Leaders Teaching Leadership

I have seen many corporate training applications where top leaders believe stronger leadership is needed throughout the organization’s ranks. They ask the Training Department to develop a leadership development program. Training mangers are not allowed to “staff up” to do the actual training, so they look outside for the faculty to teach various leadership courses. This could be a mistake, because it overlooks the cadre of potential teachers already on the payroll.

For the senior leaders in an organization, the level of involvement in actually helping to train more junior leaders runs the gamut from zero, as described above, to actually doing all of the teaching themselves. Classroom time spent by a senior leader is a sliding scale; what works well in one instance would be a problem in another case. A good benchmark is if the senior leaders do 20% to 40% of the teaching. It is up to the individual leader, along with the development staff or outside consultant, to determine the optimum level of involvement.

I believe higher involvement by senior leaders often leads to better outcomes assuming the top leaders have the credibility and skill to do a good job of teaching lower level leaders. If there are problems at the senior level, then training dollars would be better spent there to make top leaders capable of being credible teachers as opposed to trying to “fix” the lower levels of management with outside canned leadership training.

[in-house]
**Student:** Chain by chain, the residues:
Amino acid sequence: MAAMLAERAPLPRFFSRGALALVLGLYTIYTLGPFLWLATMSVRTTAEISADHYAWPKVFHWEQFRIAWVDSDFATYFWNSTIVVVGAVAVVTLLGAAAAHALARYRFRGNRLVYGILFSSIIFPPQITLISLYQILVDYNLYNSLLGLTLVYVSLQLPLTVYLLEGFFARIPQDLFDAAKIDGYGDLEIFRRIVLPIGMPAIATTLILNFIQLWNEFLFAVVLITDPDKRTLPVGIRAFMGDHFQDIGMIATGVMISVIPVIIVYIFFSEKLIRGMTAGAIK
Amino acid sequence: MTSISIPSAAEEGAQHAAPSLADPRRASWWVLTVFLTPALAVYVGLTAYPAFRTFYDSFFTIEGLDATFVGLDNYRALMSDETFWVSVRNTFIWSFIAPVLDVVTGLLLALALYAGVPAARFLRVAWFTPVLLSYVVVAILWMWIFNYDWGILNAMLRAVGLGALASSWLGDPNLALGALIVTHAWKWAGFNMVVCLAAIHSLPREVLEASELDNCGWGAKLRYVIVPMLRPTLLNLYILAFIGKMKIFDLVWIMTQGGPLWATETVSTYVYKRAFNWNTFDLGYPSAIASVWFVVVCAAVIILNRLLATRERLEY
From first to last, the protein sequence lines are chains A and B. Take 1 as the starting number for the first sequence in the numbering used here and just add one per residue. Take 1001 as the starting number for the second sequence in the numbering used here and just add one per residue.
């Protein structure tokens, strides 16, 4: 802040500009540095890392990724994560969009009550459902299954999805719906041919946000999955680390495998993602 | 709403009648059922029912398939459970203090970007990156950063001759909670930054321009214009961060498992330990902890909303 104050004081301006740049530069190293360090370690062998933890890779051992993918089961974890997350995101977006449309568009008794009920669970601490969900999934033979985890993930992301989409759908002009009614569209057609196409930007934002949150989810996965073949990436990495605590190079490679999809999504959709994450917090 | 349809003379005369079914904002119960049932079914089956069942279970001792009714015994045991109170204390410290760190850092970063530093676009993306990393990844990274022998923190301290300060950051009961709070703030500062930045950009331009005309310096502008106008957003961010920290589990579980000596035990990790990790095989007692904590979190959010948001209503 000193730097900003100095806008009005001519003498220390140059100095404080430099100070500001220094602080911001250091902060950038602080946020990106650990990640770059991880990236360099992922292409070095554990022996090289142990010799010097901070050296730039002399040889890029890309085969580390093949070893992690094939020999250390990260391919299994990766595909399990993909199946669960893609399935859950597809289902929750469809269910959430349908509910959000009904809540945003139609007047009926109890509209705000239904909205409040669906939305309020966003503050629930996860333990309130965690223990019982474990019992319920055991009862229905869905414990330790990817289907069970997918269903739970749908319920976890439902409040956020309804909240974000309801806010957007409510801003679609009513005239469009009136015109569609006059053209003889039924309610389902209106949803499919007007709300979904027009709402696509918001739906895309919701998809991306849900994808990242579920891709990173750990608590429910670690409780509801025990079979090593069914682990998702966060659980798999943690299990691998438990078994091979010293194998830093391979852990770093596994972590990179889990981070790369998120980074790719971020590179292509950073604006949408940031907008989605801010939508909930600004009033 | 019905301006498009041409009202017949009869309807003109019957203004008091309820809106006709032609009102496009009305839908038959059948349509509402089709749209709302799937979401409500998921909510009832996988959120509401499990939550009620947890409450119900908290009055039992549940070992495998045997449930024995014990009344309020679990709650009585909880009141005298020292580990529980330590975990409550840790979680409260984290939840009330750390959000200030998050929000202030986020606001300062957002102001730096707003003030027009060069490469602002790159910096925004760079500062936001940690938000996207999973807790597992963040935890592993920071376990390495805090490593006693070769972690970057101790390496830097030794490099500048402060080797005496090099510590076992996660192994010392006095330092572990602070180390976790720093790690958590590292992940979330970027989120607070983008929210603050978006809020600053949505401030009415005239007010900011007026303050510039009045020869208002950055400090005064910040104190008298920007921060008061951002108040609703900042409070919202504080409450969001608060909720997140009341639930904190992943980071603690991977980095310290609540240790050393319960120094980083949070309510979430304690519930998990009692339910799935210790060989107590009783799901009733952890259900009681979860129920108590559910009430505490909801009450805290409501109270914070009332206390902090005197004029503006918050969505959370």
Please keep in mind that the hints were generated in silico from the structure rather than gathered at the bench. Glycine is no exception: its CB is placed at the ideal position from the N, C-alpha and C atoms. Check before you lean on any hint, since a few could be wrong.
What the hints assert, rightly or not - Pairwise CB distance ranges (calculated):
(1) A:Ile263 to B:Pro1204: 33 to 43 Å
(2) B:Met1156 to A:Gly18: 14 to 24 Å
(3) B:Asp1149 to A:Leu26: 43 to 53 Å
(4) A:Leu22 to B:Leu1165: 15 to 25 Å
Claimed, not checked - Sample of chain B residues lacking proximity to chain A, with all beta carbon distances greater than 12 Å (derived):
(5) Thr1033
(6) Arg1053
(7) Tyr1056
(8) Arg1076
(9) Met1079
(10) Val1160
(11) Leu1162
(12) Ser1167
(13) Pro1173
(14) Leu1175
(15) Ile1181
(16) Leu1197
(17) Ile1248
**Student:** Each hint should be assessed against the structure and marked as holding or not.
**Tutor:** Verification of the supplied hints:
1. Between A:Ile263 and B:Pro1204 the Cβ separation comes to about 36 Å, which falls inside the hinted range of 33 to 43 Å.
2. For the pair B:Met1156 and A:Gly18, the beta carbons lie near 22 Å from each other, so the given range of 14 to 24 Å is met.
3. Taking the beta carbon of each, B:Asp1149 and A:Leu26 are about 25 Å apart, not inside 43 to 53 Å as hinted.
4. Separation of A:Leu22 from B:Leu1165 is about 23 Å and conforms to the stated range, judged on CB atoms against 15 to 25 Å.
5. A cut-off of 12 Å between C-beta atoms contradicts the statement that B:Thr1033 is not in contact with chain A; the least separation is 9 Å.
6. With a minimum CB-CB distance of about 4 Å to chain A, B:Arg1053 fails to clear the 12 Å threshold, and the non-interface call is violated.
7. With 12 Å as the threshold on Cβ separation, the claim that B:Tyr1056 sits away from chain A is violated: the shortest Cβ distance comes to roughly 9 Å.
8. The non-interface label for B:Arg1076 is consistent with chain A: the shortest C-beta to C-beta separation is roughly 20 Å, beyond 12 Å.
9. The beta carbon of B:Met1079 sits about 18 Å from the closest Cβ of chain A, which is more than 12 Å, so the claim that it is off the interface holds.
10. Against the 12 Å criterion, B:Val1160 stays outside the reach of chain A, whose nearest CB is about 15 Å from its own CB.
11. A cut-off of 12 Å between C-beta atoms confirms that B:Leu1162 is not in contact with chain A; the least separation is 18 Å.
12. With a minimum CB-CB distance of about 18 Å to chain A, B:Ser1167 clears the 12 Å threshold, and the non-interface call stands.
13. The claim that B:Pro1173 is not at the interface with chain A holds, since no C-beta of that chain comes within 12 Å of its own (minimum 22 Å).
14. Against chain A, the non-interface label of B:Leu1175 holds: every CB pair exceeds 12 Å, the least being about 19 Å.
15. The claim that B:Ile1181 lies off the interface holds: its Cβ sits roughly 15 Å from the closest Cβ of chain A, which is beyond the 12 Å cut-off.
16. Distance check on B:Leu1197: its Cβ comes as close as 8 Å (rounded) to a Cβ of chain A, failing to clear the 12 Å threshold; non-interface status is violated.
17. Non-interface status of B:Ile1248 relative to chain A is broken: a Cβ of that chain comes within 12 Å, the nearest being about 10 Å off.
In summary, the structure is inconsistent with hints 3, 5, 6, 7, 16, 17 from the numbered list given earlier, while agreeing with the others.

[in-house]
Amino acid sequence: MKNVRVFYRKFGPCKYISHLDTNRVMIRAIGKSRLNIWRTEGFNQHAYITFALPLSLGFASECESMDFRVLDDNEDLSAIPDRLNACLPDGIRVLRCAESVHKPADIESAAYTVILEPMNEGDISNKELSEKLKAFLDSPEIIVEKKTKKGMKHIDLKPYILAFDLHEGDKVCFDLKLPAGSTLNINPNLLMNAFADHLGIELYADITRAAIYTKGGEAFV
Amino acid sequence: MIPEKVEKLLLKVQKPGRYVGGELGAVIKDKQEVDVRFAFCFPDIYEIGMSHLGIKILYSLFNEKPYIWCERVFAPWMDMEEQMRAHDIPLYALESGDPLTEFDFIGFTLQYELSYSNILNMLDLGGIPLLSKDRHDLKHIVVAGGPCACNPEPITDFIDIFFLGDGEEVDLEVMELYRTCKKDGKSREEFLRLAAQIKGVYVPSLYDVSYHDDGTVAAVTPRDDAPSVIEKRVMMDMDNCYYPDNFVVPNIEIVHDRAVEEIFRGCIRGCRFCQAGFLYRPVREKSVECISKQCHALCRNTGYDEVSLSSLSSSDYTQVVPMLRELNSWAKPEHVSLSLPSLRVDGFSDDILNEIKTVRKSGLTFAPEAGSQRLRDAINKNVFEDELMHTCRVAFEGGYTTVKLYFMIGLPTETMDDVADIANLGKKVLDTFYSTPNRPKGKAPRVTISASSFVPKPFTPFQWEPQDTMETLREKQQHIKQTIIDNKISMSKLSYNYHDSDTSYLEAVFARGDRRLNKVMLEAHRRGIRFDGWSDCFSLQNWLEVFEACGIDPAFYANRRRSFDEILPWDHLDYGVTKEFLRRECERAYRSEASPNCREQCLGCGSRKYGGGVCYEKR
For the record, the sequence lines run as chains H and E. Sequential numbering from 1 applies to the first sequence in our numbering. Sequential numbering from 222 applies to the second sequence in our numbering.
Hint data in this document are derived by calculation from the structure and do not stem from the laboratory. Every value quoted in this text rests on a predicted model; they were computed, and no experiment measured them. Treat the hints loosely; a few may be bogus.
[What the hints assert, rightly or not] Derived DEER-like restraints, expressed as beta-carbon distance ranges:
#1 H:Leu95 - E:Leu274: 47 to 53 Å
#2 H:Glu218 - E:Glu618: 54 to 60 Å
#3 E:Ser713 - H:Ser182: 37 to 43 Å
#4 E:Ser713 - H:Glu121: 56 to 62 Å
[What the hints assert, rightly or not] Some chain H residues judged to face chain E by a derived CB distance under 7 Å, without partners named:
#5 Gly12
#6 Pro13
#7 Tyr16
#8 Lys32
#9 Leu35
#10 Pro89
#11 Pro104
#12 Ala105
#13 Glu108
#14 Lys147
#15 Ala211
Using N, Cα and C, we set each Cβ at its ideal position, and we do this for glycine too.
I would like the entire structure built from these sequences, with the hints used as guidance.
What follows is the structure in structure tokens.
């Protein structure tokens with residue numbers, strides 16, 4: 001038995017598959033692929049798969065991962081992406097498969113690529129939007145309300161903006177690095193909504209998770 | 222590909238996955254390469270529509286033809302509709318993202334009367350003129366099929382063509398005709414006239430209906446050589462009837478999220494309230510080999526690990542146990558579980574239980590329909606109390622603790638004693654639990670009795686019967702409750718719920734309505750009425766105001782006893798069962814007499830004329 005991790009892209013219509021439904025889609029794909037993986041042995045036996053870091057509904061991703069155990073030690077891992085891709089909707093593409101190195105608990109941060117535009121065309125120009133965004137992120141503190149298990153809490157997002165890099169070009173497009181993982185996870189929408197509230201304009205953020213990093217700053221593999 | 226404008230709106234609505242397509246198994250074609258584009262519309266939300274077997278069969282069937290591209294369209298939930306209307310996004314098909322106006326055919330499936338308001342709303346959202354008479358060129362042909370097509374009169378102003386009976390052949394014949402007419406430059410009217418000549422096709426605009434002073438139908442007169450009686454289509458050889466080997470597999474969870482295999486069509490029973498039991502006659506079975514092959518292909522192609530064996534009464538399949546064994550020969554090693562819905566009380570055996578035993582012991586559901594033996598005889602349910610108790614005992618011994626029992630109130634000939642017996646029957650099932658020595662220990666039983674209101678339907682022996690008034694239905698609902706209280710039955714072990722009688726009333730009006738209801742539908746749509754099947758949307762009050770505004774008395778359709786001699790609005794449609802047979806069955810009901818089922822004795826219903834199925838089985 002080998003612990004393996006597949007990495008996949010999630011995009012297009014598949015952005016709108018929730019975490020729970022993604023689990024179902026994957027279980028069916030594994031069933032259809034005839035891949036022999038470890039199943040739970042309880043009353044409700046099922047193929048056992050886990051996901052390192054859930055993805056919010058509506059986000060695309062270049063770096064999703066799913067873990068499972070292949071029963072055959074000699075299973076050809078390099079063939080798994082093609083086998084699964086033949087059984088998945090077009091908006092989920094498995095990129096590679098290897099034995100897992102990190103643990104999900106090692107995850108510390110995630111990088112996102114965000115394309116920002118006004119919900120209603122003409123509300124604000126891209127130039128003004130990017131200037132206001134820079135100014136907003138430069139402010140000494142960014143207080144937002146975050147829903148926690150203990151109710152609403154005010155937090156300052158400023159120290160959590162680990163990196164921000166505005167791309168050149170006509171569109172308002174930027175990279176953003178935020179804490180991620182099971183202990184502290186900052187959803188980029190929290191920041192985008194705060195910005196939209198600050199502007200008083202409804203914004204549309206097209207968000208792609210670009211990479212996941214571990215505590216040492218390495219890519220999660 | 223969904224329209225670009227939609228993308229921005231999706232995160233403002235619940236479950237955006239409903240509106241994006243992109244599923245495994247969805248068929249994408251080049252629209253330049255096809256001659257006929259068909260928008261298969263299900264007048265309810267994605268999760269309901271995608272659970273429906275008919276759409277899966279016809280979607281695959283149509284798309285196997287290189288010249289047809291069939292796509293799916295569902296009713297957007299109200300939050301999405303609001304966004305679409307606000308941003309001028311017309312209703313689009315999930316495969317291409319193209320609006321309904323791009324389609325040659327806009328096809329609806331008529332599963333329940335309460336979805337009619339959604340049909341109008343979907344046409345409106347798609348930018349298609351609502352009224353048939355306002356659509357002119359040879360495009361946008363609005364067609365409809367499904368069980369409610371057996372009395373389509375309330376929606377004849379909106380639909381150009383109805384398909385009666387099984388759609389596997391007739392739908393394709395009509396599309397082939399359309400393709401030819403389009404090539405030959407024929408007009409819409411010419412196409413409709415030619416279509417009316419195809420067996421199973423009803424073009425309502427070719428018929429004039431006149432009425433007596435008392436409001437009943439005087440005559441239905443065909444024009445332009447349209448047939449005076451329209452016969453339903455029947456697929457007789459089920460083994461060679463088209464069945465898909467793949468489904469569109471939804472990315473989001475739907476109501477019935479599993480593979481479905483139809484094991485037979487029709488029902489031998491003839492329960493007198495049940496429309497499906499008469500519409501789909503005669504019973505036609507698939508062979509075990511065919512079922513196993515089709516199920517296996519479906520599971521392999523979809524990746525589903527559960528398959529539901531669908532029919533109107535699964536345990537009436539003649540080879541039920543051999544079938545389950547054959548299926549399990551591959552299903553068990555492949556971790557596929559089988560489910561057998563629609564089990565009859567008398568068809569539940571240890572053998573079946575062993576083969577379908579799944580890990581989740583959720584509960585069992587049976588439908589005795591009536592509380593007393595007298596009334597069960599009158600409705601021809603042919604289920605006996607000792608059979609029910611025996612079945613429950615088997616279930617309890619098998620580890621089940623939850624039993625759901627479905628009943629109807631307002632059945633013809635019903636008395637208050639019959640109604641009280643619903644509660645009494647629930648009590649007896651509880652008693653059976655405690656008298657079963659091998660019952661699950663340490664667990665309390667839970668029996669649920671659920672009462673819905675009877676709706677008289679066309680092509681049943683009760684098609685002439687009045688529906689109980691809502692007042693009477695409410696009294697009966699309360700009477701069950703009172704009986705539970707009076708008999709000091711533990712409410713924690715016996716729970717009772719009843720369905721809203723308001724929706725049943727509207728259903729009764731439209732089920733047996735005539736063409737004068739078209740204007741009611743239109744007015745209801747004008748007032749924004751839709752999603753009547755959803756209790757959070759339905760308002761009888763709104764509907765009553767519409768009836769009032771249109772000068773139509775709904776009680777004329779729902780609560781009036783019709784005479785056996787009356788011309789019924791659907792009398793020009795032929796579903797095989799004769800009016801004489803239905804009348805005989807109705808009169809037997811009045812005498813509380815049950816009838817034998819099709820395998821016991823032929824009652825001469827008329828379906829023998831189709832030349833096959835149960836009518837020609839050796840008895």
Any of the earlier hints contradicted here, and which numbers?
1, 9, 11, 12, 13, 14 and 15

If you are a leader, you need to make a conscious decision about how much time and effort you will put into the job of training underlings yourself. If you are a training director or consultant, you will need to decide how much you should encourage the senior leader to be involved. There are numerous personal, organizational, and practical factors that go into these decisions.

For example, if the senior leader is cloistered in financial meetings all the time, and the human side of the work is delegated to operations people, having this person do instruction would likely be a poor choice. If the organization is in the middle of a survival crisis or a merger, the top leader may be unable to spare any time for development of underlings. Perhaps the senior leader is just a lousy leader, and it would be foolhardy to have this person teach others how to screw up. Conversely, the senior leader may be outstanding and consider training the next generation of leaders to be his or her highest calling.

Let’s assume the top leadership has built high trust and has the capability to teach leadership in an engaging manner. Under those conditions, there are several advantages to having leadership classes taught by senior leaders:

1. Shows right priority. If the top brass preach that nothing is more important than having great leaders at every level, then they ought to show that with action and their time rather than give lip service to executive development.

2. People pay more attention. If your boss is in front of the classroom, not only does it send a very strong signal about the importance of the training, people listen better because the boss is putting sweat equity into the equation. It is called leading by example.